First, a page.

On January 8, 2016 a Federal Judge in California approved a settlement in the matter of 4EC Holdings v. Linebarger Goggan Blair & Sampson (Case No 3-14-cv-01944, N.D. California) whereby the defendant law firm will pay $3.4 million dollars to resolve claims made in a class action proceeding that the firm violated the California Unfair Competition Law by engaging in the illegal practice of law in California by sending letters into California attempting to collect debts owed to various California governmental agencies. The complaint also alleged that the letters were misleading, constituted false advertising and/or otherwise constituted unfair business practices.
The Texas based law firm of Linebarger Goggan Blair & Sampson (Linebarger) is highly regarded as one of the larger collection law firms in the United States, with a significant specialty practice in collection of government debt. This may include almost any sort of debt owing to a government entity, from unpaid taxes, tolls or fines to fees for services rendered (for example, court costs or fees for services at a public hospital).
The case began in May, 2013 and has been vigorously litigated (there were over 100 separate documents filed with the court). Per the amended complaint, Linebarger had no lawyers in California until September 2013, and that lawyer wasn’t properly supervised. Linebarger had denied the allegations in the complaint.
The parties engaged in mediation and had extensive settlement discussions post-mediation.
The settlement class consisted of “every person who, during the period from February 6, 2002 through September 15, 2013, inclusive, paid money in response to one or more demand letters sent by Linebarger to such person on behalf of a client, where the money was paid to extinguish a debt owed by such person to the client and Linebarger received a fee for the collection of that debt.”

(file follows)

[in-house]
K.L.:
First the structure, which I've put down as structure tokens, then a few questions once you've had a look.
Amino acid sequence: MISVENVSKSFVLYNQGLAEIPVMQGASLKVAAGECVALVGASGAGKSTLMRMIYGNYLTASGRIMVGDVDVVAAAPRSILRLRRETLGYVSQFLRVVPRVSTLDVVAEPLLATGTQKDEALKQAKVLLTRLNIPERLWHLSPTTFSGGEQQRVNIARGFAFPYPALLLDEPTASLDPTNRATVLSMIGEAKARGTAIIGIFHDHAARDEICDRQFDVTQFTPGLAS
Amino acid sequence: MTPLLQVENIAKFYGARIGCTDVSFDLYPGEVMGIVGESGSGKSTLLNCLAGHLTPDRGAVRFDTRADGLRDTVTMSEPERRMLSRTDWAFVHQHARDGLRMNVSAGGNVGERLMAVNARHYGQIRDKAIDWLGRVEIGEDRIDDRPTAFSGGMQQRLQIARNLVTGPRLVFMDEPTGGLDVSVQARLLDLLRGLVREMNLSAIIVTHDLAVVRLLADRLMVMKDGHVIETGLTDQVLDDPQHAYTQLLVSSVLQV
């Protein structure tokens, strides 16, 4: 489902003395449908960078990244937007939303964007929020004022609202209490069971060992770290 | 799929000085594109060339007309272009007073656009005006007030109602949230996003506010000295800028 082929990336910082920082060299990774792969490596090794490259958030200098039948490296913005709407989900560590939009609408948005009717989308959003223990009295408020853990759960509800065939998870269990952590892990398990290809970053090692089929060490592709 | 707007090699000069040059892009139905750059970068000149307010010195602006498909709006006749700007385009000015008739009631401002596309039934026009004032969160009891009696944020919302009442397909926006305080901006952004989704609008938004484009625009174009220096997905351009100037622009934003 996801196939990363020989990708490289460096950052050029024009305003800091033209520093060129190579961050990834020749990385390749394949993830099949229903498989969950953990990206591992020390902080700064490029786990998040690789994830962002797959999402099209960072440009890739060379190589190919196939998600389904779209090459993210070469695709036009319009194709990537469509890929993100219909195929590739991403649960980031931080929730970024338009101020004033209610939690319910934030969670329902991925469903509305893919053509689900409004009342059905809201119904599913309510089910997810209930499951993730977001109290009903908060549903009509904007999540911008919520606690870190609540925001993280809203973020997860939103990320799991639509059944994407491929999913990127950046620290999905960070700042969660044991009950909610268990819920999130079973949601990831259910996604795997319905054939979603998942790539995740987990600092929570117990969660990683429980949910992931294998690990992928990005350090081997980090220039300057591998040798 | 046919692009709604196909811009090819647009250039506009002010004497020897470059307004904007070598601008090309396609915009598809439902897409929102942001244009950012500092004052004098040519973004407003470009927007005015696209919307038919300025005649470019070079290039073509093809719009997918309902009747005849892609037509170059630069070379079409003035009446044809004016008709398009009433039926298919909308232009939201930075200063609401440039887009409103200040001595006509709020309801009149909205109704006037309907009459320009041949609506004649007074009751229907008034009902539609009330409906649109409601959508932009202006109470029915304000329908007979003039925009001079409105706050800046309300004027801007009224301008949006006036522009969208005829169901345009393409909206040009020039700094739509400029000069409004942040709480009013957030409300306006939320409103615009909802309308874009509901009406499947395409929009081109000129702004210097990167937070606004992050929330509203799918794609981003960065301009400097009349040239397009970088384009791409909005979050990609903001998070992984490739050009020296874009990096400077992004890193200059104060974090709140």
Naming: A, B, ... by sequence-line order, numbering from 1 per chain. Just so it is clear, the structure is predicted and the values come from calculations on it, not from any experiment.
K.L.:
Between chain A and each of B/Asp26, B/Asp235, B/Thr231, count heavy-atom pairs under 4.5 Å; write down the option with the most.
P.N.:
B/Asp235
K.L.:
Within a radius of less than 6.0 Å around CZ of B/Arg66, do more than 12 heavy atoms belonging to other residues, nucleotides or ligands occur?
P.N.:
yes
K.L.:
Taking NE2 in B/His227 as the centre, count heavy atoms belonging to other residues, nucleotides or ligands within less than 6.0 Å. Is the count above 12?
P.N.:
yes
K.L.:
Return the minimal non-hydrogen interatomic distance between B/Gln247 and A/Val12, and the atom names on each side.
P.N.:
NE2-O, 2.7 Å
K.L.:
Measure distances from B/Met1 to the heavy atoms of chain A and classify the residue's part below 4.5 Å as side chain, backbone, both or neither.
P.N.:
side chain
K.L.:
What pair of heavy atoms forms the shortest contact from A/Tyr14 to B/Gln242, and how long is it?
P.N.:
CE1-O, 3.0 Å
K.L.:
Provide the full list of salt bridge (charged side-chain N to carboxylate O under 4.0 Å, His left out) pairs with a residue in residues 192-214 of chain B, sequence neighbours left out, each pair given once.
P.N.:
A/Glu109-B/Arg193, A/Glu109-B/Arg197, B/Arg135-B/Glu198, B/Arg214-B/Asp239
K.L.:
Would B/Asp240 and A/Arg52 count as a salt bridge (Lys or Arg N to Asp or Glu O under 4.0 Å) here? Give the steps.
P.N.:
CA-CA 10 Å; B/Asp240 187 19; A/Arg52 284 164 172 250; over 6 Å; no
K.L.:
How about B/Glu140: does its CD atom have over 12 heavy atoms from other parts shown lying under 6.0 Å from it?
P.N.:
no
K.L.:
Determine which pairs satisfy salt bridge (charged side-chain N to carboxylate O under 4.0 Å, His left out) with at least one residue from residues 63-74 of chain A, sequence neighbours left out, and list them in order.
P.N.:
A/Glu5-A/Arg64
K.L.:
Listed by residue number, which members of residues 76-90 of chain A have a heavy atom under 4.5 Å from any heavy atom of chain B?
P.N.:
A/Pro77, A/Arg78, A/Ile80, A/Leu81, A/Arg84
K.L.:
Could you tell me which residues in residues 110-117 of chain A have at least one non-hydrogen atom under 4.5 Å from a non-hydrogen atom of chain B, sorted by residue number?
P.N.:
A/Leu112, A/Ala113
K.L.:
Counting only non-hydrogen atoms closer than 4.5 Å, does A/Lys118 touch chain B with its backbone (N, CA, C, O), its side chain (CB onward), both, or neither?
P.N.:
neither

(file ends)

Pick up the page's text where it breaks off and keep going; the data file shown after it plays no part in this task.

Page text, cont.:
Under terms of the settlement, Linebarger will deposit $3.4 million into a settlement fund. There will be at least $2 million in automatic payments to class members. The other $1.4 million is reserved to pay for court approved attorneys’ fees and expenses as well as a possible cy pres award.
(Editor’s note: When class actions are settled or tried, there are times that it’s not possible to distribute all of the money recovered to some or all of the class members. They may be difficult to identify or find or it may not be economically feasible to distribute the funds to them. When that is the case, the cy pres doctrine allows the funds to be distributed to a nonprofit charitable organization to support work that indirectly benefits the class and advances the public interest.)
Class action notices were mailed to 82,906 class members. Every class member will receive a check from the Settlement Fund proportionate to the amount of money they paid to the California government in response to the letters.
Linebarger also agreed going forward not to send written communications on behalf of their clients to California citizens without having one or more members of the State Bar of California as either partners or as regular salaried employees at the time such communications are transmitted.
This is really an unusual case. insideARM contacted Joann Needleman, a frequent insideARM contributorand member of the law firm Clark Hill PC, for her perspective on this case. Ms. Needleman commented, “I find this case fascinating on so many fronts. First is that the law firm was not sued by a consumer but by a commercial entity. Second, the claims involved the unauthorized practice of law which doesn’t necessarily rise to a private right of action. Third, in its motion to dismiss, Linebarger, a law firm, said it was not practicing law by sending a letter. I think the legal debt collection industry would take great exception to that position.
Finally, the case is another view into the mind-numbing world of class action litigation. Assuming, for illustrative purposes only, every class member would get an equal share of the minimum $2.0 million amount, each class member would get approximately $24.
The court also awarded $850,000 in attorney fees to Plaintiff’s counsel. It is unknown how much money Linebarger paid outside counsel to defend the case.